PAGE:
Little People: Chapter 1

Merichel Herman, Fiction Editor

There was only one thing wrong with Atija that night: the music.

Or perhaps there was nothing wrong at all, and it was only that Kashmir would never be accustomed to the silence. Not absolute silence, of course, but a lack of background noise—cars, chatter even in the early hours of the morning… Though there always seemed to be music in Atija—lovely, lilting music—it did nothing to remind him of home.

Kashmir cursed himself silently. For nine years he had told himself again and again—Qurdoba isn’t home, Qurdoba isn’t home, Qurdoba isn’t home—and he still didn’t quite believe it.

He sighed, slipping down from his perch on the balcony railing. Nascha’s parents had forbidden him from sitting there. They said it was because it was dangerous, but they were lying—they didn’t want the risk of anyone noticing. For almost a decade, Kashmir had been the royal family’s most carefully kept secret, the king and queen’s deepest shame and their daughters’ closest acquaintance. He found it almost funny that their parents thought they were keeping it from him—their dislike or hatred, he still couldn’t tell which.

Kashmir had just closed the balcony door behind him when he heard the door to his room creak open. He froze.

“Aren’t you supposed to be asleep?” The voice was quiet. Eva.

Kashmir loosed a breath and turned around, striding toward her. “Couldn’t. Aren’t you supposed to be asleep?”

Eva shuffled nervously on her feet. “Me neither,” she said. “I didn’t want to wake Nascha.”

“Ah.” Kashmir smiled. He didn’t really know why they did this—this routine. It had become habit for Eva to come here whenever she couldn’t fall asleep—which, lately, had been more often than not. Kashmir was always awake anyway.

He would talk to her, read with her, they would make up stories, anything to pass the time. He still remembered the first time they had done this. It was the time Eva had explained insomnia to him and he had understood her a little too well for his liking.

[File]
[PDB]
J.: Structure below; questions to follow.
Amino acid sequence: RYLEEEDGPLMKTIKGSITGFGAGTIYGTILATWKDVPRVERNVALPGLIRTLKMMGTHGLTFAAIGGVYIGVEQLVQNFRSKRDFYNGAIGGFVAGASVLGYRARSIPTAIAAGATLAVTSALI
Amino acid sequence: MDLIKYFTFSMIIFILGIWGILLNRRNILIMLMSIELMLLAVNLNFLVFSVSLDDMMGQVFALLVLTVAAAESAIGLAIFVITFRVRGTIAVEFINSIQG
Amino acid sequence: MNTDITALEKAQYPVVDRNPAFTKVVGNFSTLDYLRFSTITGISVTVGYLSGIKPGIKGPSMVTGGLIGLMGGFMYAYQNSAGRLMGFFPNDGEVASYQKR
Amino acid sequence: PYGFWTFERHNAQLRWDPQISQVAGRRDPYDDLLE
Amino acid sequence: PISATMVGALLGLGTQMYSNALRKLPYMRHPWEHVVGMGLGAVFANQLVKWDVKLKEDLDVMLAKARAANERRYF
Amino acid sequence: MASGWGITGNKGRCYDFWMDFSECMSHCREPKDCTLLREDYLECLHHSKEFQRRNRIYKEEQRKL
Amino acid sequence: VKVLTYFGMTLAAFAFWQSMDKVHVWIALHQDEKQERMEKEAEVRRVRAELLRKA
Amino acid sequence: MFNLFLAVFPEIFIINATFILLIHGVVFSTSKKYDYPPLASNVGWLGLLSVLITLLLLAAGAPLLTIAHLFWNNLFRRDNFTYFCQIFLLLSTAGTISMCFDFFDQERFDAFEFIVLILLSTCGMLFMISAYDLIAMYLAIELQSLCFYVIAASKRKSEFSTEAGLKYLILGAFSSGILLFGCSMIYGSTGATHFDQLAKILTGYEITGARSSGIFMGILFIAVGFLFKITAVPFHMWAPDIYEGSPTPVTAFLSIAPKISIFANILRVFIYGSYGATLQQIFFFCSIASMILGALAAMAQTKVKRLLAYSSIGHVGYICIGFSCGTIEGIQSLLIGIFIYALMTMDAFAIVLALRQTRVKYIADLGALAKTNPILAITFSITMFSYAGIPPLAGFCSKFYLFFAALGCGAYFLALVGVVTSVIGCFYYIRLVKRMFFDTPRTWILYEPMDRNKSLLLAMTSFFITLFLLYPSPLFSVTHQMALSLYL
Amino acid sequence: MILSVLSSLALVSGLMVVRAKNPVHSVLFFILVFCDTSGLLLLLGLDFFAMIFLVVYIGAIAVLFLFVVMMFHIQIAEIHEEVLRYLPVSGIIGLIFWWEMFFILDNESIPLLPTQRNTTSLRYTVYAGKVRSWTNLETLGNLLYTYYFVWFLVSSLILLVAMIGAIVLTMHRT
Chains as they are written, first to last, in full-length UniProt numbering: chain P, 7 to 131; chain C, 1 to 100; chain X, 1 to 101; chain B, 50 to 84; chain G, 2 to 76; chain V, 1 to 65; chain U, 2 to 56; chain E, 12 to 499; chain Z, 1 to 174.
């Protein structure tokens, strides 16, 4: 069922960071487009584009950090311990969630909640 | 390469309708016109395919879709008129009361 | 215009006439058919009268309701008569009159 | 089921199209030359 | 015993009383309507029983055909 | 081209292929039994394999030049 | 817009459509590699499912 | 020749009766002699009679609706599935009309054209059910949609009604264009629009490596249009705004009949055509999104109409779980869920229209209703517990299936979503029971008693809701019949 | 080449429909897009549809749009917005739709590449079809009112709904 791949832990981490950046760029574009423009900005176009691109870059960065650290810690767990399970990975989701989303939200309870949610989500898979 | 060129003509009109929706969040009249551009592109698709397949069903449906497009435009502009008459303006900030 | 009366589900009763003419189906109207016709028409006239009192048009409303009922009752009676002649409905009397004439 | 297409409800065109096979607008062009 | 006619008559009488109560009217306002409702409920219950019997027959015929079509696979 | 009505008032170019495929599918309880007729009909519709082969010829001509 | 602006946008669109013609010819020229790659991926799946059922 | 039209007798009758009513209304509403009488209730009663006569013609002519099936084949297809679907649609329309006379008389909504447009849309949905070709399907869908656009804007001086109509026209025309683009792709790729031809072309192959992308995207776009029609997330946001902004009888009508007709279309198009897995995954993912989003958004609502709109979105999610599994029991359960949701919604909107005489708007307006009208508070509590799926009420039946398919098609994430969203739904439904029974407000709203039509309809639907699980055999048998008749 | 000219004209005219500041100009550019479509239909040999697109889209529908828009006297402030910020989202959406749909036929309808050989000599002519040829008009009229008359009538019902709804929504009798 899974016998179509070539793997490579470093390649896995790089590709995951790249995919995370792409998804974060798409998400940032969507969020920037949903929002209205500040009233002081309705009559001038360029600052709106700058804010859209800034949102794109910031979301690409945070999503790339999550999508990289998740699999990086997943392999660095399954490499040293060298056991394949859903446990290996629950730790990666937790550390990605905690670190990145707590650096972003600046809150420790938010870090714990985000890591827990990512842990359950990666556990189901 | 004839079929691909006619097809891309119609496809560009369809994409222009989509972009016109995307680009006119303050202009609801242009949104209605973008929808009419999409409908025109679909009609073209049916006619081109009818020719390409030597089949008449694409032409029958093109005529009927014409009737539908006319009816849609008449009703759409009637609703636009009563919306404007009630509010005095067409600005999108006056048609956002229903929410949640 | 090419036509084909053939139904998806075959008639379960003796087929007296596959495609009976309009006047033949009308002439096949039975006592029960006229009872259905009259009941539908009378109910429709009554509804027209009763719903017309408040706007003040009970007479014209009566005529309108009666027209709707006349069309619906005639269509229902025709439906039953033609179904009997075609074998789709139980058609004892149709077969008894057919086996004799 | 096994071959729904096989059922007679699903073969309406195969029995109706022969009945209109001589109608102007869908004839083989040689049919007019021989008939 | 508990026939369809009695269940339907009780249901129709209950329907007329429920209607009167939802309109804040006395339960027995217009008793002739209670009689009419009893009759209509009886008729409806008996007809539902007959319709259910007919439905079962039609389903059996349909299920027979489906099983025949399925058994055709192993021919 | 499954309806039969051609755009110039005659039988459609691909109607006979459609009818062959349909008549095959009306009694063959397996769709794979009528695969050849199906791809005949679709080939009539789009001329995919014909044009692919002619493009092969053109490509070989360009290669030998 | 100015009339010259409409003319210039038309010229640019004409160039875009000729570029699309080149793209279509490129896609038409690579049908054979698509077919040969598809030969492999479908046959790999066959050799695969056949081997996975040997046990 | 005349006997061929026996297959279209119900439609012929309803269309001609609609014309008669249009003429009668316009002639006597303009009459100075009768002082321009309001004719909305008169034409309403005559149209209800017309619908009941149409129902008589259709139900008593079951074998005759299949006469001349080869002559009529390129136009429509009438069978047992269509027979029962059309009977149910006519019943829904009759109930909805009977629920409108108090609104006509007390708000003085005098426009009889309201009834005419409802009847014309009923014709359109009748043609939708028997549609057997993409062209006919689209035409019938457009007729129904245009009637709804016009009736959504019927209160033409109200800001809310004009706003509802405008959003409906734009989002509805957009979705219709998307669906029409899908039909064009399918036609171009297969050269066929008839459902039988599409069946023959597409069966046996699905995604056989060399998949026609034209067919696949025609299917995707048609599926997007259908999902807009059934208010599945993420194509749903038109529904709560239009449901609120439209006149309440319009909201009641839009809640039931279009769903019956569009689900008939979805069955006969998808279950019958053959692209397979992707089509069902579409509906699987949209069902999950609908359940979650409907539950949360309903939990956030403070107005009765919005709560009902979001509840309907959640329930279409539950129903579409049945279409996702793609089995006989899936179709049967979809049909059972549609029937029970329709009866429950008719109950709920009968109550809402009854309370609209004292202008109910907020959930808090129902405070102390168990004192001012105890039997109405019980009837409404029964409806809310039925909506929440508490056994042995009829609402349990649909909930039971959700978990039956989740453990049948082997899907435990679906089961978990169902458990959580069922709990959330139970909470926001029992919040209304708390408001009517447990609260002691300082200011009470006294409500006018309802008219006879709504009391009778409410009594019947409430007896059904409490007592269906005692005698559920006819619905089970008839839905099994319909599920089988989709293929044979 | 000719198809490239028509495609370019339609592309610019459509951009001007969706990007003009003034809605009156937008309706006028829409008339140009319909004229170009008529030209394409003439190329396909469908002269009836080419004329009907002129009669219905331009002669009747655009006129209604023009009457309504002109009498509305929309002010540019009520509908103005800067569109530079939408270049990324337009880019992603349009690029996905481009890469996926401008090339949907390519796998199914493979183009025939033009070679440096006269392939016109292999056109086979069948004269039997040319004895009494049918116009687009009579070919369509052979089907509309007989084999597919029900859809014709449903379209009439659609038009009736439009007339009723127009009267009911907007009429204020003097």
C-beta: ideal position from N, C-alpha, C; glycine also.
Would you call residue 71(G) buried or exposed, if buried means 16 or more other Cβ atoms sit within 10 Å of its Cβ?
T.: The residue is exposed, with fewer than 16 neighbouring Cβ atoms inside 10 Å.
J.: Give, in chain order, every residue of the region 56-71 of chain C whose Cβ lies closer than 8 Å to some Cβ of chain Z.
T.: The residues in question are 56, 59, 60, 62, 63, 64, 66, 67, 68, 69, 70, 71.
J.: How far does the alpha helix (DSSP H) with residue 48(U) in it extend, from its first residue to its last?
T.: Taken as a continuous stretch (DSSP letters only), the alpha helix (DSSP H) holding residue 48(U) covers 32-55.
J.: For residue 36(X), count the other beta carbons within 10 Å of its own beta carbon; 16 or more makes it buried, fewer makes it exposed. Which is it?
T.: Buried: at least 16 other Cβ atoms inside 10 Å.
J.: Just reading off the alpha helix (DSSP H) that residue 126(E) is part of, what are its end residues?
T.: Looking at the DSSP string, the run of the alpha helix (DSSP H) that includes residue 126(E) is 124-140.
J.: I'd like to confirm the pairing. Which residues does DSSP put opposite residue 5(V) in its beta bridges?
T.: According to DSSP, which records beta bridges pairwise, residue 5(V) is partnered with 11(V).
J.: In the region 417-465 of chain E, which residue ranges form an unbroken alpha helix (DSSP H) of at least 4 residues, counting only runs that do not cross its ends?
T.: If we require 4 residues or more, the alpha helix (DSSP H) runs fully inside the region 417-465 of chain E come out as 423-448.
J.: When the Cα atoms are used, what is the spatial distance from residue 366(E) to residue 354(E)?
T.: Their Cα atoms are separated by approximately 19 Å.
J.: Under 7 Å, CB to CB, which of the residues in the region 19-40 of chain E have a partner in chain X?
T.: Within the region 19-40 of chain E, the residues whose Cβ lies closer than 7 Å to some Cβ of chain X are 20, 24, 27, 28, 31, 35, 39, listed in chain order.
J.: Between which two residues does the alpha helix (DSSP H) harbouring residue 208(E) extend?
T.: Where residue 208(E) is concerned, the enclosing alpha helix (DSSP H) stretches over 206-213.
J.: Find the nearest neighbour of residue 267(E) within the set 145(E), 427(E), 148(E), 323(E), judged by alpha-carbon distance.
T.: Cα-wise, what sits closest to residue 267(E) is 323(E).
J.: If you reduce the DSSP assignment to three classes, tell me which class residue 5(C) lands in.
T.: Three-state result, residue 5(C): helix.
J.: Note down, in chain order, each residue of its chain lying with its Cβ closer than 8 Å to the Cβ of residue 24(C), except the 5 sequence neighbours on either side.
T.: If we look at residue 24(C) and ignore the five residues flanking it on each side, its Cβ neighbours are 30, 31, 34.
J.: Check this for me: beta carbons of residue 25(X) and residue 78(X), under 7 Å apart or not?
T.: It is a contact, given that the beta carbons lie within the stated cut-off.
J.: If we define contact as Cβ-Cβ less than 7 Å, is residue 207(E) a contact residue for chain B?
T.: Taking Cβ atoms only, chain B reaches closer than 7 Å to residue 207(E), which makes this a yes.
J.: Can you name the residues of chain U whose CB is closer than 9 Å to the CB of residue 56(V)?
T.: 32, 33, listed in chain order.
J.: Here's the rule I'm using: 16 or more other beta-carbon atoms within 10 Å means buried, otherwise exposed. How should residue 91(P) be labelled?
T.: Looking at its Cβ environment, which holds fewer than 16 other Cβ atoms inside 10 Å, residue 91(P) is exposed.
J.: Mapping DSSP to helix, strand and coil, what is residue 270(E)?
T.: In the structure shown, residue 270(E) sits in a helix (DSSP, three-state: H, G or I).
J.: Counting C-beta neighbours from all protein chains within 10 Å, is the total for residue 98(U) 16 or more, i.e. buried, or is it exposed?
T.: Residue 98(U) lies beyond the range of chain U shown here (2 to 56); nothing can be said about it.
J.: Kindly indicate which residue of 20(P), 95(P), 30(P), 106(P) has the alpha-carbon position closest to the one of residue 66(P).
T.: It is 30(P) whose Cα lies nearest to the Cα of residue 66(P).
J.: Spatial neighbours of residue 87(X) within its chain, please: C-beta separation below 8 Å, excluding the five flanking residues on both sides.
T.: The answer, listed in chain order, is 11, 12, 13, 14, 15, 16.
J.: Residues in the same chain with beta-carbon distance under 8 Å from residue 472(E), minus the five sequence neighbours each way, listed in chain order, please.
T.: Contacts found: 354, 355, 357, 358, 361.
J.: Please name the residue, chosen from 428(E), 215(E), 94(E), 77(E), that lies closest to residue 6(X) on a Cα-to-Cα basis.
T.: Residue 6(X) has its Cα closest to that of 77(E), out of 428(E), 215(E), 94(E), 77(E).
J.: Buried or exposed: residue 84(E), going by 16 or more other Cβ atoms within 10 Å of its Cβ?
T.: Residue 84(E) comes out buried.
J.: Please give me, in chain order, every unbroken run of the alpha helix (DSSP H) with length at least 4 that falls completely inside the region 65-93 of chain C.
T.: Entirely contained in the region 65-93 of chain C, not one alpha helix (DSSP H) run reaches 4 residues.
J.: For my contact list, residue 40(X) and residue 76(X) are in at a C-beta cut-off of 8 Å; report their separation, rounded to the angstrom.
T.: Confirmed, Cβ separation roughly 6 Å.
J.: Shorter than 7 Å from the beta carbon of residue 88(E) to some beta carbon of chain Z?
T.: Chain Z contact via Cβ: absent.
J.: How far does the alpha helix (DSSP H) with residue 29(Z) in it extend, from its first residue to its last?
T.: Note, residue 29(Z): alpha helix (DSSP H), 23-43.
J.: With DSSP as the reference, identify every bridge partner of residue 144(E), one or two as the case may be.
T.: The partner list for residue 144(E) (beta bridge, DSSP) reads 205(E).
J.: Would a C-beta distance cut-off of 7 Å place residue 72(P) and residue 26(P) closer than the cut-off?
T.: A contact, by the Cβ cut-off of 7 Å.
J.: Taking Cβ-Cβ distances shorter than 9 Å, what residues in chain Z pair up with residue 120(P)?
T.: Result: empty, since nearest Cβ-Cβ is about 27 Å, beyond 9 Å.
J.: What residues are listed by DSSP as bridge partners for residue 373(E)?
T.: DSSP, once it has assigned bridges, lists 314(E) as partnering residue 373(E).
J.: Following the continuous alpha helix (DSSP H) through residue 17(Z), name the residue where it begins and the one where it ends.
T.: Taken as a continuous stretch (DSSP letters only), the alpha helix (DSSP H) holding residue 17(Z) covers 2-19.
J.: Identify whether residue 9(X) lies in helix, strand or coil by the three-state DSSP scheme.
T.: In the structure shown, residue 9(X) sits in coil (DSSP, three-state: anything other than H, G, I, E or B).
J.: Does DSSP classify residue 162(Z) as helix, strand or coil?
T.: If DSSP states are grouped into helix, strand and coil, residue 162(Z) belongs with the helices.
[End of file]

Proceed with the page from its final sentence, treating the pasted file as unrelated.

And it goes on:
Nascha had come to wake him up the next morning and found Eva on the other side of the bed. She had kicked Kashmir and grumbled, “I feel like you should have to be here at least a year before you sleep with my sister.”

Kashmir, being eight years old, hadn’t understood.

“Did you get it?” Eva perked up, approaching the bed. “The book.”

Kashmir pursed his lips but nodded.

Eva’s eyebrows furrowed. “What?”

Kashmir just shook his head and went to fetch the book from the nightstand on the other side of the bed as Eva sat down. He waved it at her as he took his place beside her. “It’s brown, Eva! People don’t read brown books!”

Eva laughed. “Don’t judge a book by its cover, Kashmir.”

Kashmir pouted. “Everyone’s going to judge it just a little by the cover, and this”—he threw the book down between them—“doesn’t make for a good first impression. I’m so disappointed, Ev. You made this book seem so interesting.”

Eva sighed and picked it up, moving closer to him so he could see the pages when she opened it. “It’s an amazing book, Kashmir, trust me. Just—listen.”

She opened to the first page and started to read, although Kashmir had crossed his arms and turned his head away in defiance.

She had nearly finished the page, and Kashmir was just beginning to think that the cover may have been slightly deceiving in its dullness, when footsteps pounded outside the door. Eva faltered, turning toward it.

Kashmir frowned. “I thought we weren’t allowed to run in the palace.”

“It’s Nascha,” Eva said by means of explanation.

And so it was. Only a few seconds later, the door burst open and Nascha flew in, skidding to a halt a few feet from the bed. She looked like she was about to say something, but then doubled over in an attempt to catch her breath. She held up a finger to mean, Give me a second.

Despite being sisters—and only a year apart—Nascha and Eva looked almost nothing alike. Where Eva was thin, pale, with amber eyes and softly curled blonde hair, Nascha was all curves and colors—dark red hair; shining, silvery eyes; golden skin. The only similarity between them seemed to be the smattering of freckles sprinkled across their cheeks.

Nascha’s face was flushed when she finally straightened up, but she was beaming. “Nascha,” Kashmir asked with a smile, “are you all right?”

She nodded, waving him off. “They did it,” she said, still out of breath. Kashmir raised his eyebrows in question. “Mom and Dad. They… they captured a witch.”